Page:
Dave McC
May 27, 2002, 01:04 PM
Paul, while some trap folks swear by release triggers, I'll never use one. Seems a bit dangerous, and I've seen a few UDs with them.

There's various ways flinching manifests itself. The way the kid was going is one. Another is an inability to pull the trigger.

May 27, 2002, 02:20 PM
Never tried a gun with a release trigger.

What does one do if they decide not to fire ?


May 27, 2002, 08:44 PM
Well, you could wait patiently until the next opportunity arises say in an hour or two ;)

I've seen shooters in this situation lower the gun, tuck the stock into their armpit and reach back with the offhand and and move the toplever on an over/under or open the breach on a semi. I'm not sure how this would be done with a pump gun. I once saw a modified version of the Remington 1100 with a action release similar to that in the 870 incorporated in the frame. This device when activited released the release trigger.

I agree with Dave that the things are dangerous. I wouldn't want to use one at targets and then revert to a pull trigger for hunting or other purposes. Better to have one set of muscle memory when it comes to firing a gun in any circumstance.

May 27, 2002, 09:44 PM
PAST recoil pads are my choice, for personal protection.

Sorry in advance.


Dave McC
May 28, 2002, 04:35 AM
Damfino, Sam. Since I'll NEVER use one, it's more than moot how to make the thing safe.

Led, you've nothing to apologize for. I like my PAST for bench work, but tis a bit cumbersome in the field or on the trap range.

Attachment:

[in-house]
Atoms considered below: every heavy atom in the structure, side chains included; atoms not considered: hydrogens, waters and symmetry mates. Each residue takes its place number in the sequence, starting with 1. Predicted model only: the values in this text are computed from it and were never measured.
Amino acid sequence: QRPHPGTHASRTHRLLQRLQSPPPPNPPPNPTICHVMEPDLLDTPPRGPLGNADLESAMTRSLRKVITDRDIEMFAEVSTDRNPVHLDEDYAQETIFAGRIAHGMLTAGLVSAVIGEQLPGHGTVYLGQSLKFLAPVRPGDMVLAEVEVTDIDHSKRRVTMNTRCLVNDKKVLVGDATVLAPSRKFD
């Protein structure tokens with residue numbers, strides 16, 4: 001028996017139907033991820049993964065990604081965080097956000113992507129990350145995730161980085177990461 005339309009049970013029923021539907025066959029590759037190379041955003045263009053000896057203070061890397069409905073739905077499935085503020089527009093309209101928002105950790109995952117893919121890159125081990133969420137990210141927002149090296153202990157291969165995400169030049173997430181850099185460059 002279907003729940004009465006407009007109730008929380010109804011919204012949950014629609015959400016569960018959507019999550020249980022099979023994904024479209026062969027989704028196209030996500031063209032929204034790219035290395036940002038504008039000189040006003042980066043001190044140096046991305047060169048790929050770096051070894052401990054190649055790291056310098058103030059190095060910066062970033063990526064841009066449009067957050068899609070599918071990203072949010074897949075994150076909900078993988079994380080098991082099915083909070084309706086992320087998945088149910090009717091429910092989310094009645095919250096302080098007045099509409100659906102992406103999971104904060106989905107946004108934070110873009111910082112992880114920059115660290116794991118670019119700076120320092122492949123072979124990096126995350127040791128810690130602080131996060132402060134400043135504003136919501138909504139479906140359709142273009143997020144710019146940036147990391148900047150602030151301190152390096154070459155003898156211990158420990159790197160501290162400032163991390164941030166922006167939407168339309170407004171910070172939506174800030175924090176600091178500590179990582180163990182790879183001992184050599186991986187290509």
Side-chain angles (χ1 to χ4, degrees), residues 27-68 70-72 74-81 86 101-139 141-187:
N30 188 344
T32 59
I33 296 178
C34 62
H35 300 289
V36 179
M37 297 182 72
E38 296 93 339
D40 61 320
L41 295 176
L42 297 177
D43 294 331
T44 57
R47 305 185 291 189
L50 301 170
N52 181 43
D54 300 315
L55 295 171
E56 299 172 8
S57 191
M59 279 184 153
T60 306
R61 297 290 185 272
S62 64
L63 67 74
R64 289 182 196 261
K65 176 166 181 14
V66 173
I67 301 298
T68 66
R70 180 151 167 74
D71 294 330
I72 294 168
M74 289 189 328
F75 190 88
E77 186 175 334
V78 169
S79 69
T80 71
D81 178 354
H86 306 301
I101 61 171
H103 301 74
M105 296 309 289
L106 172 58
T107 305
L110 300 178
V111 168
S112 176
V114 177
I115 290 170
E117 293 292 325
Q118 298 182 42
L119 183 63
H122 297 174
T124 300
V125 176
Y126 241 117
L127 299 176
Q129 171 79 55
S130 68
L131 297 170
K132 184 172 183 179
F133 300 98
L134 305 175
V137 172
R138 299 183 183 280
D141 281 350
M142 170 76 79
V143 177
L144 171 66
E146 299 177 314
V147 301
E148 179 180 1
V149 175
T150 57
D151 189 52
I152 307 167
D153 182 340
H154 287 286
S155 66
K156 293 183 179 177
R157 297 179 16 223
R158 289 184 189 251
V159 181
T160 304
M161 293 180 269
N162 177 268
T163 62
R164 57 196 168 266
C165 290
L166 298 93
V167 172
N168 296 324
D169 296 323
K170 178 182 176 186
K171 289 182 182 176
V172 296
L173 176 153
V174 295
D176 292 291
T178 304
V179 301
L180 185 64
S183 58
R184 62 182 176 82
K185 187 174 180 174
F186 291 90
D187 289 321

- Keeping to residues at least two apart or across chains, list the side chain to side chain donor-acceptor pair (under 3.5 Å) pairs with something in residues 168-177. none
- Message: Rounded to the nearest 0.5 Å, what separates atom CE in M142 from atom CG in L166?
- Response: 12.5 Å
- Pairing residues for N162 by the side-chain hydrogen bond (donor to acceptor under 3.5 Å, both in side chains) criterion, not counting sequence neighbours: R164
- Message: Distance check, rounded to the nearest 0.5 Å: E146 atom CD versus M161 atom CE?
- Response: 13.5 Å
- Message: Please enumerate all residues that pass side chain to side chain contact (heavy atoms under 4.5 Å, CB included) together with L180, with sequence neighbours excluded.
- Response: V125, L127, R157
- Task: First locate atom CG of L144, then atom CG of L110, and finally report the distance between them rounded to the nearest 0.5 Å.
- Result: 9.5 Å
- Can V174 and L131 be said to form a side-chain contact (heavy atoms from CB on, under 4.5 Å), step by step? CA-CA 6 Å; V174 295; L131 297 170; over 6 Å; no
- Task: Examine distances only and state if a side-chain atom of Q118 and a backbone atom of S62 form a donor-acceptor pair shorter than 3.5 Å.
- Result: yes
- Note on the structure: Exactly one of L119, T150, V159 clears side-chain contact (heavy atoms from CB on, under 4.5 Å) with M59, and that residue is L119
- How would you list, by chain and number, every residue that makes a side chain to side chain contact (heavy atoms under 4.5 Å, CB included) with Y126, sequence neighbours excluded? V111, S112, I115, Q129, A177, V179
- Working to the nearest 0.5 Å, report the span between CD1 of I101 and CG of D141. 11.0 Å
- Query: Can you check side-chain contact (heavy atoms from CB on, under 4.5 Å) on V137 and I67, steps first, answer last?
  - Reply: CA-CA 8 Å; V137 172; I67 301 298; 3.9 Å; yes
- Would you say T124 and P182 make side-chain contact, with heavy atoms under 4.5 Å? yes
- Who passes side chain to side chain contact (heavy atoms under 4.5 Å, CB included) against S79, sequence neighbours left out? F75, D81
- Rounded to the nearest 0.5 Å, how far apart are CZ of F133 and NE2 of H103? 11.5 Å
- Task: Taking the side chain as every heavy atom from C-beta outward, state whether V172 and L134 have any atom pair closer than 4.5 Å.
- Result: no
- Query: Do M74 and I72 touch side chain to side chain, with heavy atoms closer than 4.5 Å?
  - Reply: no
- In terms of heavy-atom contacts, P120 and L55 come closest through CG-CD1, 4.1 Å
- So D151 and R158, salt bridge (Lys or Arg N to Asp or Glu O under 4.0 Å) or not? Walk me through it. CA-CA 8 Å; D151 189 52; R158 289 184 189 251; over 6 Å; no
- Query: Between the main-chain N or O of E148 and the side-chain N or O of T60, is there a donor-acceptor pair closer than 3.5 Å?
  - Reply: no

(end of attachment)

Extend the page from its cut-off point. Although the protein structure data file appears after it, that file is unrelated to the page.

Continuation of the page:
June 1, 2002, 08:51 PM
I have a release trigger for my 1100. I have quit using it in recent years, because I don't shoot as much trap as I did as a teen....As I recall, the one and only time I didn't need to shoot after pulling the trigger, I reached over with my left hand and racked the charging handle to clear the chamber.

They are definitely not for everyone, and I would not try to talk someone into getting one. My gramps put it in for me as I flinched hard with that gun over the course of a day at the range due to the sharp comb on the gun digging into my cheekbone.

If I shot enough to justify it, I would get an adjustable comb stock and that would aleviate my issue.

Dave McC
June 1, 2002, 10:06 PM
It's not just the comb that makes it comfortable. Z. A little shimming to raise the comb a ahir might help also. Try that and a shim under the pad to add or take away a little pitch.

June 2, 2002, 04:48 AM
After more than 40 years of shooting, I have still to shoot a semi shotgun - hardly matters ... I've shot pumps my whole life.

Had a chance to shoot a bud's over & under a couple years back & called for a skeet double. First shot = a break & I almost did fall on my face when I tried to pump his O&U - talk about flinch! :eek:

June 2, 2002, 11:19 PM
I still notice myself doing this...I'm gonna shoot the mofo until I stop doin' it!!!

September 19, 2002, 05:55 PM
With a goal of getting rid of a flinch, I ordered a case of Estate Cartridge Mighty-Lite Target Load - 12 gauge, 2.75 length, 2.5 dram eq., 7/8 shot wt., 8.5 shot size.

After having shot about 150 rounds, I happened to notice something today when I pulled the trigger on an empty chamber (I was shooting 5 round series and only had 4 left in the box on the last series - I cycled the action as though there were a 5th shell to be fired).

No flinch!

And no more problems shooting the 870 Police Magnum.

Dave R
September 19, 2002, 09:45 PM
Another low-tech way to get rid of a flinch, at least for a while, is to go shoot some .22 on a bench rest. Or even plinking. Gets your brain focused on stillness when the trigger breaks, and keeps your subconscious from going "ow".